- The Washington Times - Saturday, January 29, 2005

SANTA CRUZ, Bolivia — Leaders of an autonomy drive in Bolivia’s largest province Friday won concessions from President Carlos Mesa that clear the way for them to eventually choose their own provincial leaders.

The agreement came after weeks of street protests in Santa Cruz, the country’s largest city, where business and civic leaders led calls for greater autonomy in anger over government-imposed price increases.

Tens of thousands of Santa Cruz residents, many waving the green-and-white provincial flag and wearing T-shirts reading “Autonomy and Freedom,” gathered in the streets to show support for the movement.

Under an accord reached through days of tense talks, Mr. Mesa agreed to allow Santa Cruz residents to elect their own local leaders and hold a national referendum that could extend greater autonomy to other provinces, government officials said.

The president currently names provincial governors.

The autonomy drive presented Mr. Mesa with one of the biggest challenges of his presidency. He has held a shaky grip on power since assuming office 15 months ago after a popular revolt led by Indian and student groups forced out his predecessor.

“This is part of a peaceful revolution,” Ruben Costas, president of the Pro Santa Cruz Civic Committee leading the autonomy drive, told some 60,000 demonstrators.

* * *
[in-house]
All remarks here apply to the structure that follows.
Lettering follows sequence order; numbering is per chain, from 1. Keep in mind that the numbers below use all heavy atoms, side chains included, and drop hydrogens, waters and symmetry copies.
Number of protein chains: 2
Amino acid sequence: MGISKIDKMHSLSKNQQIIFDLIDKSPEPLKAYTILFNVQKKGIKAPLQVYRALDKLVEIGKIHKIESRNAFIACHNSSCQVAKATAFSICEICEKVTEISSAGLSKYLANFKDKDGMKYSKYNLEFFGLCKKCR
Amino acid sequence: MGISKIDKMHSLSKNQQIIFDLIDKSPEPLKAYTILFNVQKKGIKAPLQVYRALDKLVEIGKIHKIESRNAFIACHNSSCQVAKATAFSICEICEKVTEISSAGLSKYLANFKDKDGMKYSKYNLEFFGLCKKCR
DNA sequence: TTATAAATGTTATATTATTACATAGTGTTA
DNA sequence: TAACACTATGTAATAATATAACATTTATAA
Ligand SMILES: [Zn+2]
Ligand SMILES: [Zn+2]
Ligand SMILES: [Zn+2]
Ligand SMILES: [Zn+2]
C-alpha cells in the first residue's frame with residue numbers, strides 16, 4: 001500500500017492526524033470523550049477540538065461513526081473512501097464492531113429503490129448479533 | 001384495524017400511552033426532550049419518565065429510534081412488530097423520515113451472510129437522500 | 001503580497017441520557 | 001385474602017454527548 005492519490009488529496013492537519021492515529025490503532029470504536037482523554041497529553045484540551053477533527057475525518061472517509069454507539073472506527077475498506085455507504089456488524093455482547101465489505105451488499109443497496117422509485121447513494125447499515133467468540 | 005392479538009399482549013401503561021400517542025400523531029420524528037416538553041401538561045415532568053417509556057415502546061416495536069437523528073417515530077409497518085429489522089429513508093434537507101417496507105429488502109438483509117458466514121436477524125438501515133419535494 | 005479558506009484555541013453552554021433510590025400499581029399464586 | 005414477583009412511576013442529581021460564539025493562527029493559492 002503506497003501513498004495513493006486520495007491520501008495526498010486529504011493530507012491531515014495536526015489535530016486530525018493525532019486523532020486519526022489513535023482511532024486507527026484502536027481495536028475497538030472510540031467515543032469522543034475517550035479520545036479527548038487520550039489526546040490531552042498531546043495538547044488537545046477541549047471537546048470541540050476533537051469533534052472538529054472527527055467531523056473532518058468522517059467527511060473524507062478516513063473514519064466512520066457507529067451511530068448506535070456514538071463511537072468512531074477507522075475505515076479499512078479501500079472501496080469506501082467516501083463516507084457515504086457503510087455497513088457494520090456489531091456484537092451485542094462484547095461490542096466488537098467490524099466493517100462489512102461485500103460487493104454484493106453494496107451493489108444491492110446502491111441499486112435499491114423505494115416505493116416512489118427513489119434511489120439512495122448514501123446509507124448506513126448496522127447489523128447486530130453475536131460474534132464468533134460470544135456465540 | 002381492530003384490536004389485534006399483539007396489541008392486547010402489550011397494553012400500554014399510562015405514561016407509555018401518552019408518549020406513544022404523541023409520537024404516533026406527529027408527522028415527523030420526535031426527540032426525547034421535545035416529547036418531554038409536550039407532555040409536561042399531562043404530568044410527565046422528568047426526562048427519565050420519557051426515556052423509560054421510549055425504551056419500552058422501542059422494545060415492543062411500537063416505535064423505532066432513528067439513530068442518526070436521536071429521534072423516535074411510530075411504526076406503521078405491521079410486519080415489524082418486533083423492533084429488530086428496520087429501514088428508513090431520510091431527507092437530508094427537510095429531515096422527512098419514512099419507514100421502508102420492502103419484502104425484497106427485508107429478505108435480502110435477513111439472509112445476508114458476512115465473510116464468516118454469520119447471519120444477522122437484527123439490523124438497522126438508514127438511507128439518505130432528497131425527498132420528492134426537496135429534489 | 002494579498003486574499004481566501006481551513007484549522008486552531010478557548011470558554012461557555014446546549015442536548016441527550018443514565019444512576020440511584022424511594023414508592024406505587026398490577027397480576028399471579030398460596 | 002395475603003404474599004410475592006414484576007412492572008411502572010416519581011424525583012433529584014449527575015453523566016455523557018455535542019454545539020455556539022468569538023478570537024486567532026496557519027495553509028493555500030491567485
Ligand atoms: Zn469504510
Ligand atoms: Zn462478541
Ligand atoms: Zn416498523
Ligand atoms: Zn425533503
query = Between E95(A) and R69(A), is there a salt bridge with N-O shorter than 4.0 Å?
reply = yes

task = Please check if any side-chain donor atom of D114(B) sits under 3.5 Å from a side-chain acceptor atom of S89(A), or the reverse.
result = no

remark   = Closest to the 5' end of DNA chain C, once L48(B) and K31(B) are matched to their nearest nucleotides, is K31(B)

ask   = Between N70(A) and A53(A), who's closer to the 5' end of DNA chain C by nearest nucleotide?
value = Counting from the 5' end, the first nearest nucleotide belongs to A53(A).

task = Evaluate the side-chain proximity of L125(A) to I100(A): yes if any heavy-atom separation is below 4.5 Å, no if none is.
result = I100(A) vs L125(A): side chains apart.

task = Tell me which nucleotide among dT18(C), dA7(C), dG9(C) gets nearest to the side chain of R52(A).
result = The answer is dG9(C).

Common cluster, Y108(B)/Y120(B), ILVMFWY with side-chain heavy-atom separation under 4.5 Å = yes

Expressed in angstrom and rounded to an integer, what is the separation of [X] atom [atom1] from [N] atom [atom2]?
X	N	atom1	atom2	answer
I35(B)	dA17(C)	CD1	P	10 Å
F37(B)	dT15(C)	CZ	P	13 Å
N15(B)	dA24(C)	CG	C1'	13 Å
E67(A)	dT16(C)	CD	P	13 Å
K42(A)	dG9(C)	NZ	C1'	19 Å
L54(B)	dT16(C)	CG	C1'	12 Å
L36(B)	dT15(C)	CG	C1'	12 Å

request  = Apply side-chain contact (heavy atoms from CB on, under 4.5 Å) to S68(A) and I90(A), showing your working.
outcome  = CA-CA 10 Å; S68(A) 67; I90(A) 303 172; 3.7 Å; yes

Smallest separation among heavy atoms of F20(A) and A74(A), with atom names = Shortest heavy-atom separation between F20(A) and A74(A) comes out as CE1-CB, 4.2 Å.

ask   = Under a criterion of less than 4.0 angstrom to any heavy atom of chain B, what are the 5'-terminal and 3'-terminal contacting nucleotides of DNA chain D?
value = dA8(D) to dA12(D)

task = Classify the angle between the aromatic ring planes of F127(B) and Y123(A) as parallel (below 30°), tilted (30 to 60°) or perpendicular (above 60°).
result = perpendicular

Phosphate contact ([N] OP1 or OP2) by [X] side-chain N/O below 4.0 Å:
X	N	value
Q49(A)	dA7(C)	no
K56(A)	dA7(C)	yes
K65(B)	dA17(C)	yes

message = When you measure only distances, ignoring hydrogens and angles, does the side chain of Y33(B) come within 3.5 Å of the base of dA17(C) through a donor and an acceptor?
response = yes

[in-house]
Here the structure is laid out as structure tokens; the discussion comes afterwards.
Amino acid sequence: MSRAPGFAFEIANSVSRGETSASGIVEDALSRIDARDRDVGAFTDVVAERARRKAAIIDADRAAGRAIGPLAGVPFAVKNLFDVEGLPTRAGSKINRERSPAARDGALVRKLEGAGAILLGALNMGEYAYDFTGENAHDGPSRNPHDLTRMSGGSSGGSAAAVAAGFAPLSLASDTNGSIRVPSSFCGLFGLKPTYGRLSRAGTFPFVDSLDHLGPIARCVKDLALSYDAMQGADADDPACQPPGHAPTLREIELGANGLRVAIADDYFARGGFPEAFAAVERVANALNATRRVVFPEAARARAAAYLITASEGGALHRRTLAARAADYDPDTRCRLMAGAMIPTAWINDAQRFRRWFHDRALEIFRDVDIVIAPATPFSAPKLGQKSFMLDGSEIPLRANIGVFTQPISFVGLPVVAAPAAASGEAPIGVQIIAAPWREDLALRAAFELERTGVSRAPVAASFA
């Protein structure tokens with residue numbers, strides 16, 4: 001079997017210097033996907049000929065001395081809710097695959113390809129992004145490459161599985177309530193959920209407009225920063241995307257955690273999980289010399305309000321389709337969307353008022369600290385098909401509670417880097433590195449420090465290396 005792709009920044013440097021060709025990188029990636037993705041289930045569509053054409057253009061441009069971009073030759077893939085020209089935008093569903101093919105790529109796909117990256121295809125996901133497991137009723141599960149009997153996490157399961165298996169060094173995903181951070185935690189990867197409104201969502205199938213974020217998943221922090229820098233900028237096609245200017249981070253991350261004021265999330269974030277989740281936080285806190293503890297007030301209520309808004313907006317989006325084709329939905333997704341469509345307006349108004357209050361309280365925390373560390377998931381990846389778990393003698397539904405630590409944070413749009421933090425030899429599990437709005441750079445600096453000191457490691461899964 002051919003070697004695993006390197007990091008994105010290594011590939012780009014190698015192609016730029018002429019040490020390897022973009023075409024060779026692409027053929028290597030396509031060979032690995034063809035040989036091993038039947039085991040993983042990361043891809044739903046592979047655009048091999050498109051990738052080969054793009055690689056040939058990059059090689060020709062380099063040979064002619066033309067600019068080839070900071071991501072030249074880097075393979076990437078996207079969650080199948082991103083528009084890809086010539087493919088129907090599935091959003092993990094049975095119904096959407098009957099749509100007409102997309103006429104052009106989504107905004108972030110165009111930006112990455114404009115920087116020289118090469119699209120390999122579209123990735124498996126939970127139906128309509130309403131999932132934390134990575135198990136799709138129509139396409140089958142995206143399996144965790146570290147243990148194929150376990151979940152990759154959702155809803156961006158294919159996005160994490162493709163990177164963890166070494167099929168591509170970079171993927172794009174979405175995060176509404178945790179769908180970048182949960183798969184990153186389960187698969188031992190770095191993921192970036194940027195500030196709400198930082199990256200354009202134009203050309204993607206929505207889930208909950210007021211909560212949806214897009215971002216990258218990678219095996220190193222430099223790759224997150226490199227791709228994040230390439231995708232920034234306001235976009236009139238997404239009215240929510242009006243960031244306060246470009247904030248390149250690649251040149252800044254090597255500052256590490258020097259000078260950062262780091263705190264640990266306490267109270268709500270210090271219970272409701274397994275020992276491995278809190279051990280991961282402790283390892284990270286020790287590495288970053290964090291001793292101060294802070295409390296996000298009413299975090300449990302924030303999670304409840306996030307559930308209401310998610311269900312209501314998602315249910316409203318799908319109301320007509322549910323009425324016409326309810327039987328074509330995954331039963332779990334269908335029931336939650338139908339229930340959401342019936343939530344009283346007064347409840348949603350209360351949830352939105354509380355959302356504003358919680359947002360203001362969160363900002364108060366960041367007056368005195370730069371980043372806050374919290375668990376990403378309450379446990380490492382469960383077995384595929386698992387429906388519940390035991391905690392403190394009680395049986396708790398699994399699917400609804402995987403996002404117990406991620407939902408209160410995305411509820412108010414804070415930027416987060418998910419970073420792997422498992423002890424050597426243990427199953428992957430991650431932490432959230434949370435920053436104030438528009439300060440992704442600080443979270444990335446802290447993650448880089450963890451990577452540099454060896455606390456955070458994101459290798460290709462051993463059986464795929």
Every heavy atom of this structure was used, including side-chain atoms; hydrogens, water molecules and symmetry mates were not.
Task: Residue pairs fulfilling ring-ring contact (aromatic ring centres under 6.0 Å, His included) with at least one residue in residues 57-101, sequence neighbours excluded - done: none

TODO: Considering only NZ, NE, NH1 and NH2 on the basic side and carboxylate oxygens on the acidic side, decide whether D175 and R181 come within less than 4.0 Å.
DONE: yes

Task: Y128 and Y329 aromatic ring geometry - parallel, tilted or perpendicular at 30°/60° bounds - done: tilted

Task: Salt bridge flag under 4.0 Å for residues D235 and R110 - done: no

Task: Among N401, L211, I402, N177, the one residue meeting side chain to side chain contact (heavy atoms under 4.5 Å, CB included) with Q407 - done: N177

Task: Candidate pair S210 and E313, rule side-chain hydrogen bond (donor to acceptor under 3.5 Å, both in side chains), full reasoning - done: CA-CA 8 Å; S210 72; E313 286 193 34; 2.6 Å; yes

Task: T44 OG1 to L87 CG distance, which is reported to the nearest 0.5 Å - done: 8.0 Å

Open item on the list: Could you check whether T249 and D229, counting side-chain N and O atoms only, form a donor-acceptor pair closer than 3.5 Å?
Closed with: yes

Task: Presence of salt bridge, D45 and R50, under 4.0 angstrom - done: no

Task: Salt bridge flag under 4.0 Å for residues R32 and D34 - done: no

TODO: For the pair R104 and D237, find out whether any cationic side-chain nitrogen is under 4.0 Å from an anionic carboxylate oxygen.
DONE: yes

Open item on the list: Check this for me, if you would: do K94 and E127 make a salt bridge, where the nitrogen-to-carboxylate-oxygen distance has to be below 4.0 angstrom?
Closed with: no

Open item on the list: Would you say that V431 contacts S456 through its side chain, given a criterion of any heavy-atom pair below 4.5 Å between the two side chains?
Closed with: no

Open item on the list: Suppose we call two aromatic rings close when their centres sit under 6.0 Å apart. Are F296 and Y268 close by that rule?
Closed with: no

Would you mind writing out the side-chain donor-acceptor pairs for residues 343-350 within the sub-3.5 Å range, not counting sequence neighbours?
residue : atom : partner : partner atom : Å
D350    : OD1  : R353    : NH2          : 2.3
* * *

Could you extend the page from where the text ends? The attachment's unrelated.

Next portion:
“This will give a voice to the country’s most productive region, which it seems has been ignored” by the government.

The autonomy push in Santa Cruz highlights a deep divide in South America’s poorest country, already plagued by social tensions between an Indian majority gaining political power in La Paz and the traditional white and mixed-race business elite.

Mr. Mesa has faced increasing criticism from the country’s business leaders over his handling of the economy. Santa Cruz, Bolivia’s commercial capital, is home to some of the country’s most prominent oil, sugar and soybean companies.

Indigenous and leftist groups have kept up pressure on Mr. Mesa, repeatedly demonstrating in recent months to demand social and economic reforms, including calls to nationalize the nation’s mostly foreign-run utility and gas companies.

Business leaders in Santa Cruz say they generate nearly a third of the country’s gross domestic product, along with a large portion of Bolivia’s tax revenue, insisting they pay out more than they receive from the central government.

The region’s governor and other officials are now appointed by La Paz, a power local officials say they want as part of greater regional control over the finances and government of Santa Cruz.

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